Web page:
JP voters fell hard for Deval Patrick’s “Together We Can” campaign in November’s election, giving him 85 percent of the vote.
That campaign promised increased community outreach and a more cohesive approach to meaningful discussion between elected officials and constituents.
Now, Patrick is trying to execute a political triumph by converting his campaign rhetoric into administrative policy, with 15 transition working groups composed of Massachusetts citizens in a system where each group is dedicated to one
And he is tapping into JP resources for help to accomplish his goal. Several JP residents were chosen to serve on the groups. They include: Margaret Blood, Mark Erlich, Carlos Ferre, Katherine Sloan, Gail Snowden and Melissa Shannon.
According to Patrick’s transition web site, “the role of the Deval Patrick and Tim Murray Transition Committee is to help educate Deval and Tim about the current status of the government, as well as assist them with filling the positions of the government under their charge.”
For at least a three-week period residents have the opportunity they have been demanding for from their government—a chance to be heard.
Representatives from groups ranging from the environment to workforce development and training will listen to and transcribe testimonies from citizens at community meetings in the “lame-duck” period between Patrick and Murray’s election victory and installation in office.
Members of the transition groups plan to prepare a detailed report summarizing community concerns and wishes for Patrick and Murray by today.
An analysis of that report by the transition committee will highlight issues and use the findings as a foundation and starting point for the upcoming term.
“I’m delighted I was asked to help,” said Snowden, vice president for finance and operations at the Boston Foundation. Snowden is co-chair of the Civic Engagement Working Group. “This is really about participation of people in the governmental process. It’s about learning how the government works and how to raise issues with the appropriate leaders. He’d [Patrick] like to know how to rebuild communities.”
“I consider it an honor to have been selected. The expectations are high,” said Erlich, executive secretary and treasurer of the New England Regional Council of Carpenters. Erlich serves on the Housing Working Group. “In a sense they [the Patrick/Murray administration] are trying to run the transition the same way they ran the campaign—with a lot of input from people all over the state.
“The general wish is to see a more progressive, far reaching-out policy. I’m trying to bring the perspective of someone who lives in Boston and is familiar with the day to day workings of the construction industry,” he said.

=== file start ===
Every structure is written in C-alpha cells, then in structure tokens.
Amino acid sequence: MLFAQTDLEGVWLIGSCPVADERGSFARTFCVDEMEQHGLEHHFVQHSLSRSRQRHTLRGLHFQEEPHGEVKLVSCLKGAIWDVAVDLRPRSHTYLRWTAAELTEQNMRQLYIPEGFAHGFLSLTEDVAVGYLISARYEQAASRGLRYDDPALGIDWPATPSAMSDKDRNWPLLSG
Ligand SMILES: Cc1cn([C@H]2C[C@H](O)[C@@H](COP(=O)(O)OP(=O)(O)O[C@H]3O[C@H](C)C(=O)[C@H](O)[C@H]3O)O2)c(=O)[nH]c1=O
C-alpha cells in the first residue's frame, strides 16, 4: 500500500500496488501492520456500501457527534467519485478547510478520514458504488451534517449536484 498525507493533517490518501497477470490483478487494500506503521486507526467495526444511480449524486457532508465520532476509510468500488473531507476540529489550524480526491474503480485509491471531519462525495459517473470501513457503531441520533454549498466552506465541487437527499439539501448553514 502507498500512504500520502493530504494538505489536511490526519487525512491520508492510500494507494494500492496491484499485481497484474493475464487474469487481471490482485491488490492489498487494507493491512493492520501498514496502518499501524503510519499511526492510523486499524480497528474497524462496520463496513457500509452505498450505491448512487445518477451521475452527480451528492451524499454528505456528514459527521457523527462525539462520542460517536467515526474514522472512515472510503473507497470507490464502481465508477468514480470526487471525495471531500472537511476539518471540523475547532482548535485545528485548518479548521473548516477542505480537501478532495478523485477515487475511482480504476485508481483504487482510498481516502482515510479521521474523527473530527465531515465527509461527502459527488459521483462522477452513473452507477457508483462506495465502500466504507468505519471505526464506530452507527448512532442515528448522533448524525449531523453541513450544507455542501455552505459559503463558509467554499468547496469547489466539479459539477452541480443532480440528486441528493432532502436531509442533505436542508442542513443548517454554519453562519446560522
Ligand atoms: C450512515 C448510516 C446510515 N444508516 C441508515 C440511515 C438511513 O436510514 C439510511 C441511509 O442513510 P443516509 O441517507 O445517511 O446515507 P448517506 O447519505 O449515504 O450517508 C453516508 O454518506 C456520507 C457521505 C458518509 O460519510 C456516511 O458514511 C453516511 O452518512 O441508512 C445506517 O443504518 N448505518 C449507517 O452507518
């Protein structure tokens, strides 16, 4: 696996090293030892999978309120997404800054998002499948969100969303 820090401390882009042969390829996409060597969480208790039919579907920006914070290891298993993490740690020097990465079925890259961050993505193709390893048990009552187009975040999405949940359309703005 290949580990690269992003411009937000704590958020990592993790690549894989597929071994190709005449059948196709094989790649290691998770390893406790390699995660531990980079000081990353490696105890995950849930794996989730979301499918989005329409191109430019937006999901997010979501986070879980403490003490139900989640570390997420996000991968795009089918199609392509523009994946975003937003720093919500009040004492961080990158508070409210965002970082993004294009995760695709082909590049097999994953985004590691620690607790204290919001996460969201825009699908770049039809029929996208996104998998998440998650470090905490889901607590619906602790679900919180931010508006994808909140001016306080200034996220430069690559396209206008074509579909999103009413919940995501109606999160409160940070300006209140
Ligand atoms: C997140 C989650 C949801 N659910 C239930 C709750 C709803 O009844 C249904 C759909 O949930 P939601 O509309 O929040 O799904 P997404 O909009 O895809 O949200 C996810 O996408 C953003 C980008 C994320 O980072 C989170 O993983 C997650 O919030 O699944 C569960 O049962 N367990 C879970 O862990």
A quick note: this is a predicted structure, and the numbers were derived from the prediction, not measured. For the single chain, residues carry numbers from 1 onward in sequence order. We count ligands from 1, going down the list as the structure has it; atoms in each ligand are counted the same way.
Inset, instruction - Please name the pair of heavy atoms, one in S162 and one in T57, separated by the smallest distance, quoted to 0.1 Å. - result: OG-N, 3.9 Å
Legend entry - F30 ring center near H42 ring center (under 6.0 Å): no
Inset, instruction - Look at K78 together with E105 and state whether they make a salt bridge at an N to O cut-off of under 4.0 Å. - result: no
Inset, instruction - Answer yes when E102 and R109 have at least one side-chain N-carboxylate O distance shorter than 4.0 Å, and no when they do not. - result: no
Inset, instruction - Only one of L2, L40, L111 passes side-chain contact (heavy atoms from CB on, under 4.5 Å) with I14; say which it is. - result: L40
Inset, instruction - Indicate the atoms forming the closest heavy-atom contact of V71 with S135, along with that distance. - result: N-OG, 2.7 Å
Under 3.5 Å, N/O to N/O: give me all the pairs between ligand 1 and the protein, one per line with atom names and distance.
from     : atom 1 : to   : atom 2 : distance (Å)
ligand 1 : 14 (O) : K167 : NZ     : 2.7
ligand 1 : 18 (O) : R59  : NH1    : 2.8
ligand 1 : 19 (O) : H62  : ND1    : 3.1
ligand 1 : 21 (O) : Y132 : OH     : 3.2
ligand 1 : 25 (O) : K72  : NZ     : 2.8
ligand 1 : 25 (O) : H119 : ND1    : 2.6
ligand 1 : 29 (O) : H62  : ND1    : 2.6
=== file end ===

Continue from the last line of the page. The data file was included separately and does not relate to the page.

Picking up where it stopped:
Erlich had participated in one meeting when the Gazette spoke to him. He said issues of more state funding for affordable housing and wage enforcement restrictions dominated the discussion.
“I’m amazed at the outpouring of people about how they want government to work for them…particularly by high-school students…that’s exciting,” said Blood, president and campaign director for Early Education for All. Blood serves on the pre-K-12 Education Working Group. “We want to make sure we provide the governor-elect and lt. governor-elect with a clear vision and direction.”
Blood had also been to one meeting so far and said one of the major issues raised by community members concerning education was a desire to depend less on the property tax-based system that currently funds public education. She said it is not an adequate way to fund a thorough education and cited Michigan as an example state.
Another issue was addressing weaknesses in the state’s educational assessment system, a test known as the Massachusetts Comprehensive Assessment System (MCAS).
The importance of universal access to education from birth through high school was also stressed. “It was a great cross-section of issues,” she said.
Though the entire transition working group system will last less than a month, those involved are optimistic that the information will be beneficial, and say there is more work to be done.
“I’m amazed at how passionate people are, at how much they care and want to get involved,” said Snowden.
“This is just a beginning point for the administration. It’s not the be-all-end-all,” said Blood. “If testimony is as strong as it was last night [referring to a meeting Dec. 5, at Middlebury High School, attended by close to 100, including testimony from over 30 citizens], I think we’ll have a lot of good information for strong recommendations.”
Carlos Ferre, principal of Melton Ferre LLC serves as a member of the Civic Engagement Working Group; Katherine Sloan, president of Massachusetts College of Art, serves on the Creative Economy Working Group; and Melissa Shannon, policy coordinator for Health Care for All, serves on the Healthcare Working Group.
A controversy has surfaced about a confidentiality agreement Working Group members were asked to sign at the first meeting. The agreement asked workers not to disclose sensitive or confidential information to anyone outside of the transition committee.
Patrick’s aides said the agreements were designed to protect sensitive information about applicants seeking to work on the upcoming Patrick administration team that could jeopardize their current job.
But in Tuesday’s Boston Globe, Brian Dodge, executive director at Massachusetts Republican party called the move an example of Patrick establishing a trend of backtracking.
According to the Globe, some members were unsure what the agreement was really about but felt it was OK because the information is not going to be made public until after the review period anyway.
For more information about the transition working groups, the Patrick/Murray
transition project, and specific meeting dates visit their web site at www.patrickmurraytransition.org/index.cfm.